Buying Irish is coming into focus like never before as a result of the COVID-19 pandemic. Testament is the support voiced by over two thirds of respondents (68%) to a new Taxback.com survey who claim that they will ‘absolutely’ buy Irish or ‘will try to’ as a consequence of the pandemic. In the latest instalment of their Taxback.com Taxpayer Sentiment Survey Series, the tax specialists asked 2,500 of their customers for their views regarding support for Irish businesses following one of the most challenging years in recent history for certain sectors.
The survey also flagged some trepidation amongst the Irish taxpayer over Ireland’s ability to remain competitive with almost two thirds (62%) worried that Ireland might struggle to remain an attractive destination for foreign direct investment.
Marian Ryan, Consumer Tax Manager at Taxback.com, spoke of the findings,
“We’ve witnessed something unparalleled in Irish society with the COVID pandemic, and our economic system has been put under unprecedented strain. As we approach Christmas, one of the busiest buying seasons of the year, there is a real focus on supporting our local and indigenous businesses where possible, in order to help the country get back on its feet and to preserve as many jobs as possible in our cities, towns, and villages. Our survey echoes this sentiment, finding that the vast majority (68%) will ‘absolutely’ support Irish shops, services and products or they ‘will try’ to. However, finances are stretched for many households so, understandably, 20% of people say the price must be “right” or affordable to enable them to shop local.”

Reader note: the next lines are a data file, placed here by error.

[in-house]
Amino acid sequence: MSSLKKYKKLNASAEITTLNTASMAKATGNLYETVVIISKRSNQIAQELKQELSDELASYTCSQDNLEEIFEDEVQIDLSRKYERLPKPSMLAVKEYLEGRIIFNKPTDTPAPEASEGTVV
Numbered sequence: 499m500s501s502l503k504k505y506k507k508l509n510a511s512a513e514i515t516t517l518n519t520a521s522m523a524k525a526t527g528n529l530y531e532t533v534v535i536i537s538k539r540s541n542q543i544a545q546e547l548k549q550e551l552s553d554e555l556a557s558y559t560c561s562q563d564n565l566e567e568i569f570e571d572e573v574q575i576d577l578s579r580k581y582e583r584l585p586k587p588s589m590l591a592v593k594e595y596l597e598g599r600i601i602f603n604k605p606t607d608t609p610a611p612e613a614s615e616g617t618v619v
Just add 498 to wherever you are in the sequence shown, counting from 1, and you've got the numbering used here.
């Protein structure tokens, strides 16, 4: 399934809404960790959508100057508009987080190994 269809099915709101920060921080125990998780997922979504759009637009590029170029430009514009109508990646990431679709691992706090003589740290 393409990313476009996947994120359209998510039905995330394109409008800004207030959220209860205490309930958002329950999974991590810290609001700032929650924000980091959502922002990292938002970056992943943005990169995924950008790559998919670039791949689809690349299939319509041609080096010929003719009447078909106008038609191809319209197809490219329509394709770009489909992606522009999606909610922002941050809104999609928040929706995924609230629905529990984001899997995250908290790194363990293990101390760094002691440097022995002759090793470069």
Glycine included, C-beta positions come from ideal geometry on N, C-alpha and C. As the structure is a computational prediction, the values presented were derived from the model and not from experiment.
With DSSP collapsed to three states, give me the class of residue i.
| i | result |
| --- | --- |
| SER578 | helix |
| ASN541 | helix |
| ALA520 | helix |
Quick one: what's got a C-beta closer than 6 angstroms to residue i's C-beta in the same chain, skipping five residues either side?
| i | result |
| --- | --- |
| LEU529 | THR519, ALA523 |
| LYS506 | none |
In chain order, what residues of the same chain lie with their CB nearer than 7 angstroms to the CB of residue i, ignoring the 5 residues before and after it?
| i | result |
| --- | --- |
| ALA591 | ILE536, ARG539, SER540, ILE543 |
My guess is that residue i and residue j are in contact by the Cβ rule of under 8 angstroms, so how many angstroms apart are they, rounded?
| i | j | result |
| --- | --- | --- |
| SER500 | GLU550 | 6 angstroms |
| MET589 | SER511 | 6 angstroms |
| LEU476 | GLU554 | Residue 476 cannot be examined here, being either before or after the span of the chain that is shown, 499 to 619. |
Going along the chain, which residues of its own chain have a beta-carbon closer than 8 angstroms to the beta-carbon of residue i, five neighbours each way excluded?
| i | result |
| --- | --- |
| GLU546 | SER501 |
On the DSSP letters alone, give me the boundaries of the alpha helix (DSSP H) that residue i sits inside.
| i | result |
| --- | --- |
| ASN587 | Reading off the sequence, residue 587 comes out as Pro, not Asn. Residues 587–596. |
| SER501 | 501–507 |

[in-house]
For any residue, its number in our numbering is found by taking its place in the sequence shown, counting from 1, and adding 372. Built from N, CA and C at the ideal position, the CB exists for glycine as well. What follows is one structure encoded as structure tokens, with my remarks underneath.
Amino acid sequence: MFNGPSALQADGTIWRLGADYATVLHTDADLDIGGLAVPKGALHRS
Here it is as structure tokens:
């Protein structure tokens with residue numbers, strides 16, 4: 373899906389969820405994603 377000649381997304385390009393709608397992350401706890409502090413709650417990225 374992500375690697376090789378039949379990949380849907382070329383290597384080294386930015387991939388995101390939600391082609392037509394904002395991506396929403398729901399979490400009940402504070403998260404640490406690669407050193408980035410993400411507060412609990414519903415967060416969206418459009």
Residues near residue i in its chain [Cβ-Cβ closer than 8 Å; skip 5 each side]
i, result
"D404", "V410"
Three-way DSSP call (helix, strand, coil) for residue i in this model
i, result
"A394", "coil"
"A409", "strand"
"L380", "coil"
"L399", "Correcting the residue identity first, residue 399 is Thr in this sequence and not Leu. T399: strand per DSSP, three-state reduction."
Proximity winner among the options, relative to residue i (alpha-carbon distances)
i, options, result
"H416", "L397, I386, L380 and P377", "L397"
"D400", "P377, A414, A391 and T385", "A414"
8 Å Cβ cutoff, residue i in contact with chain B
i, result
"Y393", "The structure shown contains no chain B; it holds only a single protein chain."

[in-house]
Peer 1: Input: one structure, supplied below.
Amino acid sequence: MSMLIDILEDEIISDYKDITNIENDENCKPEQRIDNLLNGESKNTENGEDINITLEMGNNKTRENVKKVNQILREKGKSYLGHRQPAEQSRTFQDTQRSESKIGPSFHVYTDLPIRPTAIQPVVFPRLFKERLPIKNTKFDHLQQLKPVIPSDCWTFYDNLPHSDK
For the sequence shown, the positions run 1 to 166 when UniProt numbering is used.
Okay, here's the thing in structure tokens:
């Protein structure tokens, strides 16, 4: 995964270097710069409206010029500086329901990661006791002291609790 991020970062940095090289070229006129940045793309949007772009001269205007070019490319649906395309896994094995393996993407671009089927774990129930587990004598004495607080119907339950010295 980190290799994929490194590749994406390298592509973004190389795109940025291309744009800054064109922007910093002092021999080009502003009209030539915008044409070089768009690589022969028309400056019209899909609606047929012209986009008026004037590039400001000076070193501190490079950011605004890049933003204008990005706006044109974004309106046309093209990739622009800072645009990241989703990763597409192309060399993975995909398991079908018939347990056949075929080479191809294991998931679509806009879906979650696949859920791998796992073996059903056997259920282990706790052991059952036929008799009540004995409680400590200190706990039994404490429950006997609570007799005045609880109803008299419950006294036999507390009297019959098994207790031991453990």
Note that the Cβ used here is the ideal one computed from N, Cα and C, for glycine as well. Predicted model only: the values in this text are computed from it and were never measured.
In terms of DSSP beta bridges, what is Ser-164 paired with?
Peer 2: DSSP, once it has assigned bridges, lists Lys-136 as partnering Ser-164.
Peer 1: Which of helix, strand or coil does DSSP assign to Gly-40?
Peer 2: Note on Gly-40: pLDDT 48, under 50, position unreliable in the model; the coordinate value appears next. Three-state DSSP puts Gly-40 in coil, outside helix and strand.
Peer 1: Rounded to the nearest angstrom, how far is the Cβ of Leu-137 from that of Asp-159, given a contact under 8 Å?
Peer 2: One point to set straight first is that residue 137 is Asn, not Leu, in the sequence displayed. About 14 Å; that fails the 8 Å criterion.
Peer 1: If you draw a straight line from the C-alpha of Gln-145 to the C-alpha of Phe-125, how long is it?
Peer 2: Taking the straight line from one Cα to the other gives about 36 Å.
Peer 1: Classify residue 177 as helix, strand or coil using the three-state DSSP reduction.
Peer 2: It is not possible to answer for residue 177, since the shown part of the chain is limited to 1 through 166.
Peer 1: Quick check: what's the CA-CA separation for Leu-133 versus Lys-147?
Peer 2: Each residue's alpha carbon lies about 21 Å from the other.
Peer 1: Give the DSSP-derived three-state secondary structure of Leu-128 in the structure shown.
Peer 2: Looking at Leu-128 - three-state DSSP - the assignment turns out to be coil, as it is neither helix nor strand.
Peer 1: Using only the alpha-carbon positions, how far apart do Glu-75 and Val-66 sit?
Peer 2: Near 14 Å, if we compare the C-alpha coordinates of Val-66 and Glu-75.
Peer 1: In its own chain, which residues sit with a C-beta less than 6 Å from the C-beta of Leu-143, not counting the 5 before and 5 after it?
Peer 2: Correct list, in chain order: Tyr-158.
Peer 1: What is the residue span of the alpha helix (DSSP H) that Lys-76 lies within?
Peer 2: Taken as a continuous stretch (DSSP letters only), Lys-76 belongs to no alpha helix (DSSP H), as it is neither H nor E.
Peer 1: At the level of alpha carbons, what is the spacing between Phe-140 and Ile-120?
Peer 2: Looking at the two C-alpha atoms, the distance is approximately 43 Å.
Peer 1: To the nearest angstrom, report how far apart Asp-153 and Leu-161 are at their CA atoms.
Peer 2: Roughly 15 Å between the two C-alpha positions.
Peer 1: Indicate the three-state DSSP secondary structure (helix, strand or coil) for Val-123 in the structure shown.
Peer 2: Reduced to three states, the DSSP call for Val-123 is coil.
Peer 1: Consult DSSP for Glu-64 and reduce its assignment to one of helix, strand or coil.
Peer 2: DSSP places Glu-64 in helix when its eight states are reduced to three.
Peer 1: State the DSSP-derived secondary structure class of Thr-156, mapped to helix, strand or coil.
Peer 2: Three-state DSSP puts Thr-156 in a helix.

The Taxback.com survey also asked respondents for their views on whether or not they are worried about Ireland’s renowned ability to attract Foreign Direct Investment, which has created so many jobs.
Ms. Ryan reported on the findings,
“There is a general sense of trepidation out there in terms of how Ireland will fare in its attractiveness to FDI as a consequence of the COVID pandemic. The majority (62%) are worried, to varying degrees about Ireland’s ability to attract new investment”.
Ms. Ryan concluded,
“It’s clear from the survey that the overall mood is one of caution and perhaps an understanding that we possibly need to support our own and to work together in order to begin our recovery.”